Much Ado About Nothing – Review – Sheffield Crucible
By Clare Jenkins, September 2022
Over the last few months, Sheffield theatres have staged a number of productions highlighting the work of deaf, disabled and neurodivergent actors. For starters, at the Lyceum there was the touring Curious Incident of the Dog in the Night-Time – a stunningly inventive, funny, sensitive tour de force. In the Crucible, there was the engaging, intimate, spirit-affirming Human, by Extraordinary Bodies. Then there was Errollyn Wallen’s chamber opera Le Paradis Files, staged by the Graeae theatre company – witty, stylish and exhibiting tight-knit ensemble work.
Sadly, the equally pioneering Ramps Over the Moon’s first attempt at Shakespeare – in collaboration with Sheffield Theatres – is in a lower league. From the moment the 19-strong cast spill out of the glass-fronted room on stage and face the audience, to their let’s-wrap-it-all-up dance at the end, there is a clash of styles, a mishmash of diverse influences, that cloud the clarity of this turbulently romantic play rather than illuminate it.
“Mix of communication”
As in Le Paradis Files, the actors initially come on stage to introduce themselves and their roles. Here, however, because there are so many actors and so many relationships to establish between the characters, the list grows confusing. That confusion isn’t helped by the fact that while some actors are visibly deaf – Claire Wetherall as star-crossed lover Hero, for instance, doesn’t utter a word on set, signing, her words spoken by others throughout – others, like Fatima Niemogha, playing the villainous Donna Joanna, both speak and, at times, use British Sign Language as a fellow actor takes over their lines. This mix of communication styles – live audio description replacing disembodied voices on headsets, captions above and on the stage – can present a challenge for the audience. Are we supposed to be looking at the actress, at her ‘voice’, the signer or the captions?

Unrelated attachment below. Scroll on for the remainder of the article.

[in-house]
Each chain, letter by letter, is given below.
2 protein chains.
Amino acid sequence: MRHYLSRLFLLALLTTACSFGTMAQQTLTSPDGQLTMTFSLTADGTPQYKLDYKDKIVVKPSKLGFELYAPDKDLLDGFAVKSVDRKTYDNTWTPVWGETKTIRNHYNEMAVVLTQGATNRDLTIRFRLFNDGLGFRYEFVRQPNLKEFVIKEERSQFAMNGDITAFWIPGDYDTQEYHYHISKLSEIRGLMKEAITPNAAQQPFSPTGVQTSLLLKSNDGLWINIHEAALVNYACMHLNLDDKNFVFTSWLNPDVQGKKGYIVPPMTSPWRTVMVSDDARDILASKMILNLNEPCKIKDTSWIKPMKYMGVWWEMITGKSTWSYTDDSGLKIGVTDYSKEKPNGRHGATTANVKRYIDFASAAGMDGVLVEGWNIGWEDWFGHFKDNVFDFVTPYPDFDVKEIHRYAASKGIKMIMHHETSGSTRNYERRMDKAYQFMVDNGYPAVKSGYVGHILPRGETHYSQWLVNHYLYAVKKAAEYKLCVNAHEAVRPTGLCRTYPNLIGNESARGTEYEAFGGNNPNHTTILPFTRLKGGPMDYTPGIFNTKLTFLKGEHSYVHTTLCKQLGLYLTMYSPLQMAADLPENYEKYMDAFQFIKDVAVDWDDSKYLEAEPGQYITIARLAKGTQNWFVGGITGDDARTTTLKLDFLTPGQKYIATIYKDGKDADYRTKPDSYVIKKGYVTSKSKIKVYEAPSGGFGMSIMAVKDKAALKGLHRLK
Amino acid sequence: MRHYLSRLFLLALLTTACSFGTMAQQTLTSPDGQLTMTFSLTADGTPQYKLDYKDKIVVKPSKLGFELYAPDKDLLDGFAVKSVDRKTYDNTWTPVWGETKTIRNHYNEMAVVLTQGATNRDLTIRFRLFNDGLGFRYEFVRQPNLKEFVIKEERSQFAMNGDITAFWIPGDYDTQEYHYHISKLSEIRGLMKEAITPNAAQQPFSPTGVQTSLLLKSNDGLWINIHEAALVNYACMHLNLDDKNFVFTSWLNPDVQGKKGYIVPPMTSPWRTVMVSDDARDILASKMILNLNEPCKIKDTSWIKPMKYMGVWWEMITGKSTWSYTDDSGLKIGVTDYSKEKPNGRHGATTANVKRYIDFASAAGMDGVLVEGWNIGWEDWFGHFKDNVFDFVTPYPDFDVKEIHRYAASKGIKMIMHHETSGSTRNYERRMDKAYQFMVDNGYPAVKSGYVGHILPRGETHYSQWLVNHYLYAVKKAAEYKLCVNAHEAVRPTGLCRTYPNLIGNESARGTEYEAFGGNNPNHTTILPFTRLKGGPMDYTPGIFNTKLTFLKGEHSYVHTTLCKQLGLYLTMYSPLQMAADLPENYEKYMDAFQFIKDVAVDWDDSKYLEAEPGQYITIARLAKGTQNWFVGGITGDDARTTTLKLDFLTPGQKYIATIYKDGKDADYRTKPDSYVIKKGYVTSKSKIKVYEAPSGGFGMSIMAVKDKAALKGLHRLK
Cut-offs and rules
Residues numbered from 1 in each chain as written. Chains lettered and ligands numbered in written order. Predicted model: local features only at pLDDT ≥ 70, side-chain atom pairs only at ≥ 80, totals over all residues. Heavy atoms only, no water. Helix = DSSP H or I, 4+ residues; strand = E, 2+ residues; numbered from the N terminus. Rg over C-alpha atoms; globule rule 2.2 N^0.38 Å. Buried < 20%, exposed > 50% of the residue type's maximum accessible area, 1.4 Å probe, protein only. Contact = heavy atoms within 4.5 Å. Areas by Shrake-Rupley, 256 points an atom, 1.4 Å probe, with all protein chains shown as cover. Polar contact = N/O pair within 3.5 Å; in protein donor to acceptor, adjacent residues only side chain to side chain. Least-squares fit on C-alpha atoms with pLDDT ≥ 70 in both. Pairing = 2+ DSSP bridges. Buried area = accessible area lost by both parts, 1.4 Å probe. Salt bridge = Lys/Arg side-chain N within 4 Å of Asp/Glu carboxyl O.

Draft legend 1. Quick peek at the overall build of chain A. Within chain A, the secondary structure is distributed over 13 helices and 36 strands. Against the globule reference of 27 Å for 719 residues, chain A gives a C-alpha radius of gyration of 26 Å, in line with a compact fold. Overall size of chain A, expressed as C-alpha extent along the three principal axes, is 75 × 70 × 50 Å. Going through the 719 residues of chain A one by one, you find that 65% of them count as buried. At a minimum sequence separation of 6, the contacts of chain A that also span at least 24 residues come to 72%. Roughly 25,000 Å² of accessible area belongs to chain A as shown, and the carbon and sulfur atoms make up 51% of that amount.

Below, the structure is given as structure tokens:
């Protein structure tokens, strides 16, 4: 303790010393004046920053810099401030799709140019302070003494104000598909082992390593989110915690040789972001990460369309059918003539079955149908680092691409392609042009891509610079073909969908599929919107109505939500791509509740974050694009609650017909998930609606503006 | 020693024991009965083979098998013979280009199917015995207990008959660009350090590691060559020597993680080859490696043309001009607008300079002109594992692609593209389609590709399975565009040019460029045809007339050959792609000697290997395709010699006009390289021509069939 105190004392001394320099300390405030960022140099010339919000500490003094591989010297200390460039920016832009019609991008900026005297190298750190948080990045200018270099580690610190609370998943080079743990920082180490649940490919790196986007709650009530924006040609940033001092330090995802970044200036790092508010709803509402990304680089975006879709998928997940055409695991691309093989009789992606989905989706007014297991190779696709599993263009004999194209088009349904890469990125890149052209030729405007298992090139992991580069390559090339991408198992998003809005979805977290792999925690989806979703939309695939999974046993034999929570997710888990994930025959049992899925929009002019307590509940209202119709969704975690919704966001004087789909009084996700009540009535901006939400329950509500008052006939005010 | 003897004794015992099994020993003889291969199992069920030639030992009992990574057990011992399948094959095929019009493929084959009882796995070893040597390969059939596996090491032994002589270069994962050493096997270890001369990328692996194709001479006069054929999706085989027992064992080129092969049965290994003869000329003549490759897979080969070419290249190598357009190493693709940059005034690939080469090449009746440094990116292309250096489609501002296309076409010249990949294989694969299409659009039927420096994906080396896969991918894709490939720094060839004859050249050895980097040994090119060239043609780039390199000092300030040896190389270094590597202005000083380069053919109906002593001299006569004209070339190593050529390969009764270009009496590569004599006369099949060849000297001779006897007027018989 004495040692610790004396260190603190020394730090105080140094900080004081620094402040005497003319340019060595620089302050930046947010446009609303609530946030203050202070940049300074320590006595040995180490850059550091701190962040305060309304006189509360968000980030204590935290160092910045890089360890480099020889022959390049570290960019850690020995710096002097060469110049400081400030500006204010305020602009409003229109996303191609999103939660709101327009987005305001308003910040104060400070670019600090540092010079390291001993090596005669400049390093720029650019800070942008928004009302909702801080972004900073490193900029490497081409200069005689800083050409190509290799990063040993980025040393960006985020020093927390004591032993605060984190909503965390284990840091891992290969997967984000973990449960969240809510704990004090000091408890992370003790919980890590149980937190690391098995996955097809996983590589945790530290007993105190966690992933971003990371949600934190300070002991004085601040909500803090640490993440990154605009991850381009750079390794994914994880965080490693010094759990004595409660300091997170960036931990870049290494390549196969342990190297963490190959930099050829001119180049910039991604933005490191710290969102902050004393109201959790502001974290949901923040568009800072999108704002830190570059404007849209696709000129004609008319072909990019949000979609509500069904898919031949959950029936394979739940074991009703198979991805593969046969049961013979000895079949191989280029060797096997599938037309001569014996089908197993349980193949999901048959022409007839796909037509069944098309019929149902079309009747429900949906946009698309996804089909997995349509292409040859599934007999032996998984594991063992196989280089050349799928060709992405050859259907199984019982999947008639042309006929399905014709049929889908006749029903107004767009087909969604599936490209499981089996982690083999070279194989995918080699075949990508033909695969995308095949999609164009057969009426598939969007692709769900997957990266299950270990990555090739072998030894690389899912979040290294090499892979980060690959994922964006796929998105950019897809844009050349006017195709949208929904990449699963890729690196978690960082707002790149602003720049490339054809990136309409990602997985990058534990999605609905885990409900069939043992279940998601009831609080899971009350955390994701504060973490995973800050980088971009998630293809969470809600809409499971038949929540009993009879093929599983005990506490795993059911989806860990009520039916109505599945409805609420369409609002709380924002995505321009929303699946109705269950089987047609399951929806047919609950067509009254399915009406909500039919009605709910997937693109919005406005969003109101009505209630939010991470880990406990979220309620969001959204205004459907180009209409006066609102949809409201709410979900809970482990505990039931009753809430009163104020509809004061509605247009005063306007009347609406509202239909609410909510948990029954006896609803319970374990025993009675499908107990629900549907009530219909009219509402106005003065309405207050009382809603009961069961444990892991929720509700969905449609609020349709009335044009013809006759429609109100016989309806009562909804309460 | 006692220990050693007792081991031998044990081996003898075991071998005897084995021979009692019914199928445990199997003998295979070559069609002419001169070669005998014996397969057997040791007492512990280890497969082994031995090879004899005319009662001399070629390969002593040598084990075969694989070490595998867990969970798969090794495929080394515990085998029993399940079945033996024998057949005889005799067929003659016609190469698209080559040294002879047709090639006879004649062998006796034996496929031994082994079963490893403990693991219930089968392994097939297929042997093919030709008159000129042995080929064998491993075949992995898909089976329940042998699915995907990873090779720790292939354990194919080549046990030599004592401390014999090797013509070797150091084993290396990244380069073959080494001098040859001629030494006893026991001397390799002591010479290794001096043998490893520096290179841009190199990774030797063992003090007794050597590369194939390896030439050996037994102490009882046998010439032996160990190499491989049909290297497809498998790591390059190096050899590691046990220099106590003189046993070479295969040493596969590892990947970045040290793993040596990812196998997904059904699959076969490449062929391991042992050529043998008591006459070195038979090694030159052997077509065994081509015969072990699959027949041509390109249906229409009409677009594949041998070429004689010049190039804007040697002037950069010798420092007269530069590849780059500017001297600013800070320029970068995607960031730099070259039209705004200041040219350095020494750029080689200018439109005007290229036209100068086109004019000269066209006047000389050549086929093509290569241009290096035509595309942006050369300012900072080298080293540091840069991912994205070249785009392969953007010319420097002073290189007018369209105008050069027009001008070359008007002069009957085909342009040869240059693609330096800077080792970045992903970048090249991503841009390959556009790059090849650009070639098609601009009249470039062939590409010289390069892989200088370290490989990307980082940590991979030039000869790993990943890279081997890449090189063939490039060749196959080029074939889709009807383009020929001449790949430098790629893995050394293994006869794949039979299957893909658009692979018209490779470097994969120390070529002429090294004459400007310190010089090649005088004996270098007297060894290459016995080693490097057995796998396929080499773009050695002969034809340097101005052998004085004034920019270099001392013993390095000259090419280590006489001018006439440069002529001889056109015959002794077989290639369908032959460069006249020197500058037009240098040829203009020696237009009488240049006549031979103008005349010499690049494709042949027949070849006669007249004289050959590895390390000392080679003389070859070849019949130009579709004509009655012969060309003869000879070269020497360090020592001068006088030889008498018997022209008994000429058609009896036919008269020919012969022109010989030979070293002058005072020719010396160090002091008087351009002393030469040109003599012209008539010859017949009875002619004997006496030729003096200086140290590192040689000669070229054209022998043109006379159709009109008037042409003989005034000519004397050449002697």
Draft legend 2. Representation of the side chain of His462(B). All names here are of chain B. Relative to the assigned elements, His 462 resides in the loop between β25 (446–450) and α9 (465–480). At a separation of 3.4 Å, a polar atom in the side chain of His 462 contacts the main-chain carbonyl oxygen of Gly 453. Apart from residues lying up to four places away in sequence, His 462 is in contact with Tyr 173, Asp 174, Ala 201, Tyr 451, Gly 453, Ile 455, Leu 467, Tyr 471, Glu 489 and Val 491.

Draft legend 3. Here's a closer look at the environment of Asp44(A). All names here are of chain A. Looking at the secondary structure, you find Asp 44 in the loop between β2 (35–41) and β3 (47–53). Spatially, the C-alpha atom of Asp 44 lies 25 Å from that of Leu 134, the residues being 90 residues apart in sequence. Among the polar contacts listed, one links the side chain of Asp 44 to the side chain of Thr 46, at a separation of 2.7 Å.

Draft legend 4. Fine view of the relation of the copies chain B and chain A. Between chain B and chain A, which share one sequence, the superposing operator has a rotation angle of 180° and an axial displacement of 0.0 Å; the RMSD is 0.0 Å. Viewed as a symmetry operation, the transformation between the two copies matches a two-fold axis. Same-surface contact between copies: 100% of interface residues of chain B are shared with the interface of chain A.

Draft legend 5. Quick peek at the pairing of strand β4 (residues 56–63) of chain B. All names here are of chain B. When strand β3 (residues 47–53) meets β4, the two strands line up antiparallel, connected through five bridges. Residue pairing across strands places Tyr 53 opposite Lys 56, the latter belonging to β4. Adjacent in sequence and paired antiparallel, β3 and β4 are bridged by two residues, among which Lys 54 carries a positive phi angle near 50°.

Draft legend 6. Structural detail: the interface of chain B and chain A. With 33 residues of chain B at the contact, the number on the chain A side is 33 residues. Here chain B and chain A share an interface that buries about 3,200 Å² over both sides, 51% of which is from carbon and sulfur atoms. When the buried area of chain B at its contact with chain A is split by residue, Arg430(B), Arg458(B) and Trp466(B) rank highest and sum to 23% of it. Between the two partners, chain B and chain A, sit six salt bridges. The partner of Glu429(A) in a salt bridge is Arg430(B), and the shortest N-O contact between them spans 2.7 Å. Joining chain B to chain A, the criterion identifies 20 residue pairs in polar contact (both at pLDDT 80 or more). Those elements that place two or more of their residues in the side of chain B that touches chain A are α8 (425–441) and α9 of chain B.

The captions themselves can be as much a hindrance as a help. Sometimes the onscreen text differs from what’s being said, highlighting the occasional moments when actors forget their lines. However, they do come in useful when the voice is not as well projected or inflected as it could be.
Director Robert Hastie’s intention may well be to challenge expectations, which is what the best theatre ought to do. But there are so many different, distracting elements here, it can be head-swirling. Or, as my late Sheffield mother-in-law would have described it, ‘a right Pippy Show’. It’s not just a case of who are we supposed to be looking at, or listening to? It’s also what period are we in? What world, country, culture, class? Where’s the cohesion, the coherence?
At one point, the whole cast take part in a Wild West hoedown, complete with line dancing and American accents. Late 20th Century ‘vintage’ entertainment seems to loom large, both in the inconsistently styled, yet consistently unstylish clothes (part Sound of Music, part Challenge Anneka) and in the level of comedy. There’s a touch of Frankie Howerd here, a waft of Ken Dodd’s tickling sticks there, a daub of Ab Fab and, for some unknown reason, a couple of plastic ducks stuck like dummies into the mouths of the plotting Borachio (Benjamin Wilson) and Conrade (Ciaran Stewart).